Now that I have a few days distance from it, I can write about what happened with Siete on Thursday and Friday. It doesn’t seem as horrible now as it did at the time, so I’m trying to get a more philosophical perspective on it. Here’s the story:
Thursday afternoon, before my husband was rushing out of town to work, I begged him to help me put “soft” boots on Siete’s back feet. The vet really wanted me to use the poultices on both feet at the same time. So, I put together these very nice little booties of duct tape, vet tape and Animalintex. I discovered that the sound of duct tape being pulled off the roll is one of the only things that has ever spooked Siete. We managed to tape one bootie on her back right foot. It was getting late, there was a train to catch, and most of us were getting very testy and tense. Suddenly, my 94-year old mother waltzes out of the house waving carrots at us, wanting to “help”. I yelled at her to go away. Siete saw the carrots and reared up trying to show her enthusiasm. Yes! Carrots! No! Booties!
The battle began. I wasn’t about to let her have the carrots after she behaved so badly. There was no way that the other bootie was going on her left back foot. She was really mad at us. My husband was pretty steamed too. He managed to get her back in her stall, but she reared up again when he was in there with her. She freaked out rolling and struggling to get the duct taped boot off. Finally, she managed to break through the bottom of it so that it was wrapped around her ankle like a bracelet. It was a nightmare. Fortunately, no one was hurt. I drove my husband to the train station and decided to leave Siete with the bandage around her leg until morning. My mother refused to believe that she had done anything wrong. She called me a control freak.
Friday, when I was all alone with the horses, Siete was a perfect angel. She stood still while I took a scissors and cut the bandage off. I finished all the hoof related doctoring that needed to be done. I did some groundwork with her, and she responded like a good girl. Then, it was noon, and Silk wanted to come in from the pasture for her lunch and a siesta. The horses were at the gate. As usual, Silk stood ground tied while I led Siete out first. Again, my mother appeared out of the blue, shouting that someone had called while waving a cordless phone and a handful of carrots at me. Siete noticed before I did. I yelled at Mom to go back in the house, but she’s almost deaf. She was determined not to be dissuaded from her mission. Siete was prancing like crazy. I was turning her in circles. My mother was feeding carrots to Silk. I couldn’t see letting Siete have a carrot while she was so riled up.
I managed to lead her into the barn. Amazing that she went with me. Again, once inside the stall, facing the back, she tried to rear up. I just lost it, yelling at her and jerking the lead rope as hard as I could. She stopped, snorting loudly and I was able to turn her around so I would eventually be able to get out of the stall safely. I didn’t really want to reward her by letting her go eat out of her feed bucket, so I made her stand still and wait. She wasn’t happy, but she didn’t try to push me out of the way. I counted to thirty and then let her eat.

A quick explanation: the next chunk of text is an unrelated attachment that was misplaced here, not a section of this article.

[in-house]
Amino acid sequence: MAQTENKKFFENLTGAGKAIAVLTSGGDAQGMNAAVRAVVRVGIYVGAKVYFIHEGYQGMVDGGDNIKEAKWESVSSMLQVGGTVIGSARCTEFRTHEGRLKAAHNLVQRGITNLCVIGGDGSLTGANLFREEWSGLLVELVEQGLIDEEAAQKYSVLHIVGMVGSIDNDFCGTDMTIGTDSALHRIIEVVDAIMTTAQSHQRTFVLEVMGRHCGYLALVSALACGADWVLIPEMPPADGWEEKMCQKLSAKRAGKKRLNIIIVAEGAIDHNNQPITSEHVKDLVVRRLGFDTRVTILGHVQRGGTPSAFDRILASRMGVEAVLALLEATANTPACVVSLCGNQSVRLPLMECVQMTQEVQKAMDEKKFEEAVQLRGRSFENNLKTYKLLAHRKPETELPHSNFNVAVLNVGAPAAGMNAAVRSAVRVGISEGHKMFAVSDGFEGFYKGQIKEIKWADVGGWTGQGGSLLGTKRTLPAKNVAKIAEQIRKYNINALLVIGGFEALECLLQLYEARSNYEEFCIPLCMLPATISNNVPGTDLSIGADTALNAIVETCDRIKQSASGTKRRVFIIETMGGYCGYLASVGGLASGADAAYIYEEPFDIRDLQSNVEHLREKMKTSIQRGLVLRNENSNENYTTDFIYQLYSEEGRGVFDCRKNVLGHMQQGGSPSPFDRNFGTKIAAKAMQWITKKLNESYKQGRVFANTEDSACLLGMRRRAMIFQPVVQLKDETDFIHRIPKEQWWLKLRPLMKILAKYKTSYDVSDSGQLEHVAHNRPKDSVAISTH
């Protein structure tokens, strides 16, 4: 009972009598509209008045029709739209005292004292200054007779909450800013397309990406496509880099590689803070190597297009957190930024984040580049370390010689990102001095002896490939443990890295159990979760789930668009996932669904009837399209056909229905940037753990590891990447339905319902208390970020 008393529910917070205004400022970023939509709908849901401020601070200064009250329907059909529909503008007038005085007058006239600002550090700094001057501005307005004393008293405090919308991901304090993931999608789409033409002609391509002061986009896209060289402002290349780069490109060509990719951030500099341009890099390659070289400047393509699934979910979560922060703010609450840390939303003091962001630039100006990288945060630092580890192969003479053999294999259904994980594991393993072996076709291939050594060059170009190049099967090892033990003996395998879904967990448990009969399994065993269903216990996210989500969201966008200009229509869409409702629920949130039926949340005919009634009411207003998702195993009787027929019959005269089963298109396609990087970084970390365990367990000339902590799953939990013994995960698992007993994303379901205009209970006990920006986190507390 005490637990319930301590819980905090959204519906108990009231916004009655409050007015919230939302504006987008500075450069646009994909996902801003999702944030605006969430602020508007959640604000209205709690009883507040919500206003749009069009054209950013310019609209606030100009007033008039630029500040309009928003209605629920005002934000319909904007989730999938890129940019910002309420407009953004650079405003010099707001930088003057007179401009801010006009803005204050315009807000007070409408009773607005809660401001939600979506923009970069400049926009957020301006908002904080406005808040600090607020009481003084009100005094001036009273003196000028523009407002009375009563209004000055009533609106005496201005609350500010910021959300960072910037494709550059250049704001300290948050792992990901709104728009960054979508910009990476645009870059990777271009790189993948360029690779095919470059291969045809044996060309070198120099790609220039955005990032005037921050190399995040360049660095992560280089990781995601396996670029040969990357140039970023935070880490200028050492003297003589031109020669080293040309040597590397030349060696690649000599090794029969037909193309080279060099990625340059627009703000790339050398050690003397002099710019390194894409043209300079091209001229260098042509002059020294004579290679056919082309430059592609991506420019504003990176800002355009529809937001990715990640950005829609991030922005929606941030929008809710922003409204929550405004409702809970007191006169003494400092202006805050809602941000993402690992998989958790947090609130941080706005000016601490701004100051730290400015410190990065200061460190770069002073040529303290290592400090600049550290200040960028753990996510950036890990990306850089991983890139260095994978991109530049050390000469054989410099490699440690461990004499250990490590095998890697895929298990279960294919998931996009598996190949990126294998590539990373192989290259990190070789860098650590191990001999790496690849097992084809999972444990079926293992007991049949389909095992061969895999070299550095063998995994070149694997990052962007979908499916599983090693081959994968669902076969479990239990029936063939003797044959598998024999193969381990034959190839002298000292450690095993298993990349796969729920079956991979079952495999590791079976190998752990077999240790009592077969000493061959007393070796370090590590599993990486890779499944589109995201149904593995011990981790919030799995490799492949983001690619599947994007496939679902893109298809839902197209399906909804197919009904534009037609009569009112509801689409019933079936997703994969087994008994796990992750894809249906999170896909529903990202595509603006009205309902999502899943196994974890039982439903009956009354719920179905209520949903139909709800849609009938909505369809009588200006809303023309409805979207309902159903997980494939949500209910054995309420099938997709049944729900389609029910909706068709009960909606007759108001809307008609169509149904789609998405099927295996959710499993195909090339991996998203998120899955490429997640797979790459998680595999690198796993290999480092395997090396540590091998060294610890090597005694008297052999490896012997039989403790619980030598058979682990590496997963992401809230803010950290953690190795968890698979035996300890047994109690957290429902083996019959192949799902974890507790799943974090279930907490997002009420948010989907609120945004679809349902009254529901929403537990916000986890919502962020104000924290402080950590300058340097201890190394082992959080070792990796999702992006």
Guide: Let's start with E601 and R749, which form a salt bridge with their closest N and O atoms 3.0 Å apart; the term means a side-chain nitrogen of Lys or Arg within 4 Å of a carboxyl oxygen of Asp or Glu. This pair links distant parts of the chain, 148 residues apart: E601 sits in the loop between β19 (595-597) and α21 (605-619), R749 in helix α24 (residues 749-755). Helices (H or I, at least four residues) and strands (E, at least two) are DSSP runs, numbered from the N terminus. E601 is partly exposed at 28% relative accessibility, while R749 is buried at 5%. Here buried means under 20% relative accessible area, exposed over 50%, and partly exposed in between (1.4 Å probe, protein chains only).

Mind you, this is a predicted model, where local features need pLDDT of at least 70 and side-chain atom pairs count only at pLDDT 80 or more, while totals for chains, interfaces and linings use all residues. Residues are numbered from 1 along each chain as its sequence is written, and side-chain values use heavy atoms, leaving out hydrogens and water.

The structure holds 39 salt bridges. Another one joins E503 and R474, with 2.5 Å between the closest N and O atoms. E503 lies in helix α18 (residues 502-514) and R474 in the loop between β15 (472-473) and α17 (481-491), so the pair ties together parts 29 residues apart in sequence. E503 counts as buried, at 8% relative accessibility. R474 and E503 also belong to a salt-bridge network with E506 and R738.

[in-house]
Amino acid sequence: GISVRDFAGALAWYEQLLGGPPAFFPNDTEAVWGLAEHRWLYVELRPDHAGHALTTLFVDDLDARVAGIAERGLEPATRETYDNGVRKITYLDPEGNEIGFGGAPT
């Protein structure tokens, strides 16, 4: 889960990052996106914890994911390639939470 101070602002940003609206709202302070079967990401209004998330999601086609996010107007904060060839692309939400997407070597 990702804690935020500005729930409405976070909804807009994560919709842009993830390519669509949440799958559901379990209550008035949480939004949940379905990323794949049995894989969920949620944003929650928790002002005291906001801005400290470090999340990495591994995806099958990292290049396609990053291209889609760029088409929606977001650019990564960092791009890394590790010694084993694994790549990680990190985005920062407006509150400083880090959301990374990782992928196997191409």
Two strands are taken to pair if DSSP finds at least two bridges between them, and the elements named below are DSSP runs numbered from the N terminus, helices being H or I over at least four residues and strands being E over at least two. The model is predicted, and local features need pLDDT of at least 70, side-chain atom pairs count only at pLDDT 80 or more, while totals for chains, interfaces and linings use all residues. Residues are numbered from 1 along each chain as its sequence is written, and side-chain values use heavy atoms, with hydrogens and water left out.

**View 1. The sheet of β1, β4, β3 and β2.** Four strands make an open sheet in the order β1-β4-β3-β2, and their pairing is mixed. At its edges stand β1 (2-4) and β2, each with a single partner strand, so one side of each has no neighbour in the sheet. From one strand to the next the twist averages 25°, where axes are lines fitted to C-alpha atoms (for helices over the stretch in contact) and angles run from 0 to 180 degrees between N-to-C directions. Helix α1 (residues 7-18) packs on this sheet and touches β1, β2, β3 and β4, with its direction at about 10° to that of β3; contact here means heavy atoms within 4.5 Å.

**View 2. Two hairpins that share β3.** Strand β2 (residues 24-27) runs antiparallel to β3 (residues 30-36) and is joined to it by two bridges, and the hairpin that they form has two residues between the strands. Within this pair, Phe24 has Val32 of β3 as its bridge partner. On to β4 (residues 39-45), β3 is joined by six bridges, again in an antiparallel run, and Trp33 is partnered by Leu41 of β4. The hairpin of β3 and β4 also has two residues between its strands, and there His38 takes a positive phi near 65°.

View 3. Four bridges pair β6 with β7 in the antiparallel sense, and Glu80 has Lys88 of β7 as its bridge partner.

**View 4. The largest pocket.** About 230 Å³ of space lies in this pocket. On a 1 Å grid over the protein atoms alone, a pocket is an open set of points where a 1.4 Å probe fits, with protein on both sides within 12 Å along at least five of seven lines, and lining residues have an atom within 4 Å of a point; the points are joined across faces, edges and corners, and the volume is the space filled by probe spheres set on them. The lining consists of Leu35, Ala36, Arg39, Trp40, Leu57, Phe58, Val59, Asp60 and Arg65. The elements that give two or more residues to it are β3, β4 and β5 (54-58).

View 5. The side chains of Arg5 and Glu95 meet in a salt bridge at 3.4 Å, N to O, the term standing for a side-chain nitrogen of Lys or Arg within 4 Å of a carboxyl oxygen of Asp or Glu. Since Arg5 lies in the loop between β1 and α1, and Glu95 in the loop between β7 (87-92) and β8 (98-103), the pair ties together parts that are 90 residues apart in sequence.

I was shaking when I got out of the barn and went back to Silk who was still standing patiently at the gate. My mother had huffed back into the house, angry at me. After leading Silk to the barn, I stormed into the house and had a big argument with my mother. She has no clue what she did wrong, and I realized that there’s no way that I can make her understand that she must not do that carrot waving thing again EVER!!!
So, I’ve waited until my mom was napping to bring the horses in for the last two days. Fortunately, she usually takes a siesta herself every day. I’m going to try to sit down with her and explain why what she did was dangerous. Unfortunately, it’s like trying to talk to a child. She is so stubborn that she can handle herself around the horses and mad at me that I don’t allow her to help me anymore. The reality is that she has very fogged vision from her macular degenerative disease and refuses to wear hearing aids so she can’t hear what anyone says. I appreciate that she wants to keep pretending she’s fine, but it terrifies me that she - or one of us - will get hurt.
Siete’s feet are doing much better, and she’s not being a punk. I understand why she reacted the way that she did, but I don’t want her to think that she can behave like that. I must work on her stall manners. I pride myself on having horses that are safe to be around. It’s amazing how fast that can change and a bad habit can develop.